Scientists have found a way to maximise the amount of DNA from an unborn baby they can take from the mother's blood.
Better blood tests may be in the offing
They hope the technique will aid the development of more effective non-invasive tests to determine whether a baby has genetic abnormalities.
Current tests, such as amniocentesis, require tissue samples, and pose a small risk to the pregnancy.
The research, published in the Journal of the American Medical Association, was carried out by US company Ravgen.
Being able to identify genetic abnormalities at an early stage not only gives parents the chance to decide whether or not to proceed with the pregnancy, it also alerts medical staff to the need for close monitoring right through to birth.
However, the invasive nature of current tests, which also include chorionic villus sampling and taking blood from the umbilical cord, mean that some women are reluctant to take the risk of having them.
Analysing foetal DNA from a mother's blood sample has been possible for some time. However, its effectiveness has been limited because only a small amount of the DNA makes its way into the mother's blood.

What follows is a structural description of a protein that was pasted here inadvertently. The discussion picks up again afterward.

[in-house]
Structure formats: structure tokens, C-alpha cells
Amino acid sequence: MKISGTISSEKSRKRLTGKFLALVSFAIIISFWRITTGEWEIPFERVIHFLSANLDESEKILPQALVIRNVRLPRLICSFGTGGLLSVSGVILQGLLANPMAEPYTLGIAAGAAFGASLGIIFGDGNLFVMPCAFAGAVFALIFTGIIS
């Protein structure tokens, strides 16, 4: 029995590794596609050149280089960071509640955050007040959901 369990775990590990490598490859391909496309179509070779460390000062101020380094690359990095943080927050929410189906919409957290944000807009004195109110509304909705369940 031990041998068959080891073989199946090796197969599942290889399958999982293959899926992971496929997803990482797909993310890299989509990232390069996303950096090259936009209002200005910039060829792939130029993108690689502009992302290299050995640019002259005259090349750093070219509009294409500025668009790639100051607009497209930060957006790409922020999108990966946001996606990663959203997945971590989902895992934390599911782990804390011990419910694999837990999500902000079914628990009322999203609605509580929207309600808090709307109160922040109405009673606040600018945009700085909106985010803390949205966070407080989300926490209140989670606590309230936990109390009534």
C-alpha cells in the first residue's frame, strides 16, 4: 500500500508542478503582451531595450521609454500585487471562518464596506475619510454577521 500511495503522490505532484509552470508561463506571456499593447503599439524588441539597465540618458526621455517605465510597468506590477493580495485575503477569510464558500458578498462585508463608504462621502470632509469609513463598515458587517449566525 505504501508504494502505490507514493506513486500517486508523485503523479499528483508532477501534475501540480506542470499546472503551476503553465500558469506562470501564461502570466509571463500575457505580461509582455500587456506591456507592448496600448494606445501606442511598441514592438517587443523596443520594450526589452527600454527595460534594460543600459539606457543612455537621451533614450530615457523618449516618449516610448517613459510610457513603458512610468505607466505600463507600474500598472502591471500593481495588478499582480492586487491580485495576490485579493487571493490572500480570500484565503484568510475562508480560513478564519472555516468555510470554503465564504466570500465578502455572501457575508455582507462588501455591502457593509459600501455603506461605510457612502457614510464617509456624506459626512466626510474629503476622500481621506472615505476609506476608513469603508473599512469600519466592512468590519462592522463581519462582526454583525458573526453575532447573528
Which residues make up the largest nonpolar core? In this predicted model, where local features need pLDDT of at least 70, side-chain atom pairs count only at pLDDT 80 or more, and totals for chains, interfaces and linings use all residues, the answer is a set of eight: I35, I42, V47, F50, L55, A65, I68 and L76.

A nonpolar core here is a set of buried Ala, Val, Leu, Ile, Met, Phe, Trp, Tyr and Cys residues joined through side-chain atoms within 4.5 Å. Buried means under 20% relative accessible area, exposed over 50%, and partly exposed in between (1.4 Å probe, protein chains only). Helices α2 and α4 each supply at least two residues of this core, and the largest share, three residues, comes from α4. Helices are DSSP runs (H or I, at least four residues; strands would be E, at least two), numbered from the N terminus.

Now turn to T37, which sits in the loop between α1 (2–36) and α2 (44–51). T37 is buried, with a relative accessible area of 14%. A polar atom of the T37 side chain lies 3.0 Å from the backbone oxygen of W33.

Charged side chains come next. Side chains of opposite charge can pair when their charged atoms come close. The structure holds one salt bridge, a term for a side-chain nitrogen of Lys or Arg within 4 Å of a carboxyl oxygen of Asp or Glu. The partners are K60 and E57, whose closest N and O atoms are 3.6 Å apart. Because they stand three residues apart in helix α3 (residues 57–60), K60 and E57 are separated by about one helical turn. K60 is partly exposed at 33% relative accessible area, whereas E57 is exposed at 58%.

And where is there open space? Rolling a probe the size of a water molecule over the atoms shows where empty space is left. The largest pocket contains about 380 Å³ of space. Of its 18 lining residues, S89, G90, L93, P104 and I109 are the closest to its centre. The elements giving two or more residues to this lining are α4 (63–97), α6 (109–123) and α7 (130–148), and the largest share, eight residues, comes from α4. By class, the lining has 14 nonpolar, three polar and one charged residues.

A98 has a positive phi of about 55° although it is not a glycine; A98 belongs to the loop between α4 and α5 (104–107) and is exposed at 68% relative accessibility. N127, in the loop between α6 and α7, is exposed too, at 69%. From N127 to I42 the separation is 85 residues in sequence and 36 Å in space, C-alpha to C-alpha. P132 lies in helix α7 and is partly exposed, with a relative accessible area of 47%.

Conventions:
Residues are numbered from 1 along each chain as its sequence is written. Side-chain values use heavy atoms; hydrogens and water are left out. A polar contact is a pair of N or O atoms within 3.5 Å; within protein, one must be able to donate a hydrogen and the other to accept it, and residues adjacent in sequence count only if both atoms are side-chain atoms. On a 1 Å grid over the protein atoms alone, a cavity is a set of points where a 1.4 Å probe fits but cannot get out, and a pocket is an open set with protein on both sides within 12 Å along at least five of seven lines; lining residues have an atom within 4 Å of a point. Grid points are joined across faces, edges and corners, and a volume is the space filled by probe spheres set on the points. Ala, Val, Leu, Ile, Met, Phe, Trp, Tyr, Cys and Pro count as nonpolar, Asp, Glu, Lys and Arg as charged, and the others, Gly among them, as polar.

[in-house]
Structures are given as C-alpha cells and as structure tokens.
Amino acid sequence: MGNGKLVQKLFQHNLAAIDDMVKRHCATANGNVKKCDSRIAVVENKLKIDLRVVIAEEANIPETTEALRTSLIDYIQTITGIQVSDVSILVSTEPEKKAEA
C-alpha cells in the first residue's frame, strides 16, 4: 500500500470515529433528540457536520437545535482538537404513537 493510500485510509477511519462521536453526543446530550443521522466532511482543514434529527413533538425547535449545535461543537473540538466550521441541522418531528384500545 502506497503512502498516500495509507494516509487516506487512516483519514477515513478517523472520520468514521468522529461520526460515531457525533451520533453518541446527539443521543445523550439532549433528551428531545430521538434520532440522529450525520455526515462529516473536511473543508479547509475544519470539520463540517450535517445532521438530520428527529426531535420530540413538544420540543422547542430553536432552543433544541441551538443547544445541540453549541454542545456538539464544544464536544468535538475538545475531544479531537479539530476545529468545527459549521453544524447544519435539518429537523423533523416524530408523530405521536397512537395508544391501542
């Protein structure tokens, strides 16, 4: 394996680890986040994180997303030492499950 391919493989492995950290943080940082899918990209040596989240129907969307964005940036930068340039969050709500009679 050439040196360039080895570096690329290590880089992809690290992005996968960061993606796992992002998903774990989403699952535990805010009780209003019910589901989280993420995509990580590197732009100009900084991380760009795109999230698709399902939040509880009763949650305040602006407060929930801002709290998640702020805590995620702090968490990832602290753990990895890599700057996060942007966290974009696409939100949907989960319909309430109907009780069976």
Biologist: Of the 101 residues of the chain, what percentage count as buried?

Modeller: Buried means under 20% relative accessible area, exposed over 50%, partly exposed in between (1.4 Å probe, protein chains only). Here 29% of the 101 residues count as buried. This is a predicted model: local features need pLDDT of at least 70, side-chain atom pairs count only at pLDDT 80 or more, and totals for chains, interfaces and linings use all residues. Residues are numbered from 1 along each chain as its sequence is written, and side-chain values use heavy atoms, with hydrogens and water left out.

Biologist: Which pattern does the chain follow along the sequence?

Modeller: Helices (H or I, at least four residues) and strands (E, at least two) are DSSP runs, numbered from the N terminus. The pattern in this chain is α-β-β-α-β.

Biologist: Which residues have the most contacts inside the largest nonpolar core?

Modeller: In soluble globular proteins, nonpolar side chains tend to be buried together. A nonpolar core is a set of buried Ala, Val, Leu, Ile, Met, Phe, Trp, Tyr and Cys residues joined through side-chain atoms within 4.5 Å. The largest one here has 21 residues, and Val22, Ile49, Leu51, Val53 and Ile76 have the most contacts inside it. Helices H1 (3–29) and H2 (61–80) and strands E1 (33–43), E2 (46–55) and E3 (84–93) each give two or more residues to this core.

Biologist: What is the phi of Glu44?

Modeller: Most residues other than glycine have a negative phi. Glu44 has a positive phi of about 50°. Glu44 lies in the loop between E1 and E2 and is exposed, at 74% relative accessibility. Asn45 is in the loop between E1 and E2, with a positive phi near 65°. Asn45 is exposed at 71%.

The new technique maximises the amount of DNA that can be recovered by treating the blood samples with a chemical called formaldehyde.
This acts to reduce the amount of blood cells that are destroyed during the process of taking and processing the sample.
If more of the mother's blood cells remain intact, less of her DNA is released into the surrounding fluid, and so it is less able to dilute what little foetal DNA is present there.
The researchers found that blood samples from pregnant women treated with formaldehyde contained an average of 20.2% foetal DNA, compared with just 7.7% in untreated samples.
In a follow-up test, the level of foetal DNA in treated samples was even higher, averaging 25%.
Dr Alan Cameron, a consultant obstetrician at Queen Mother's Hospital, Glasgow, told BBC News Online the research could be highly significant.
He said: "At present we can tell a foetus's blood group from a maternal blood sample, but that is about it.
"Anything that would improve the amount of foetal DNA in a blood sample would open up the possibility of a non-invasive tool for foetal diagnosis. It is something that scientists have been looking at for many years."
Alastair Kent, director of the Genetic Interest Group, said a non-invasive alternative would represent a "terrific breakthrough".
He told BBC News Online: "It would give pregnant women the opportunity to have information on which they could base decisions without potentially putting the future of a healthy pregnancy at risk."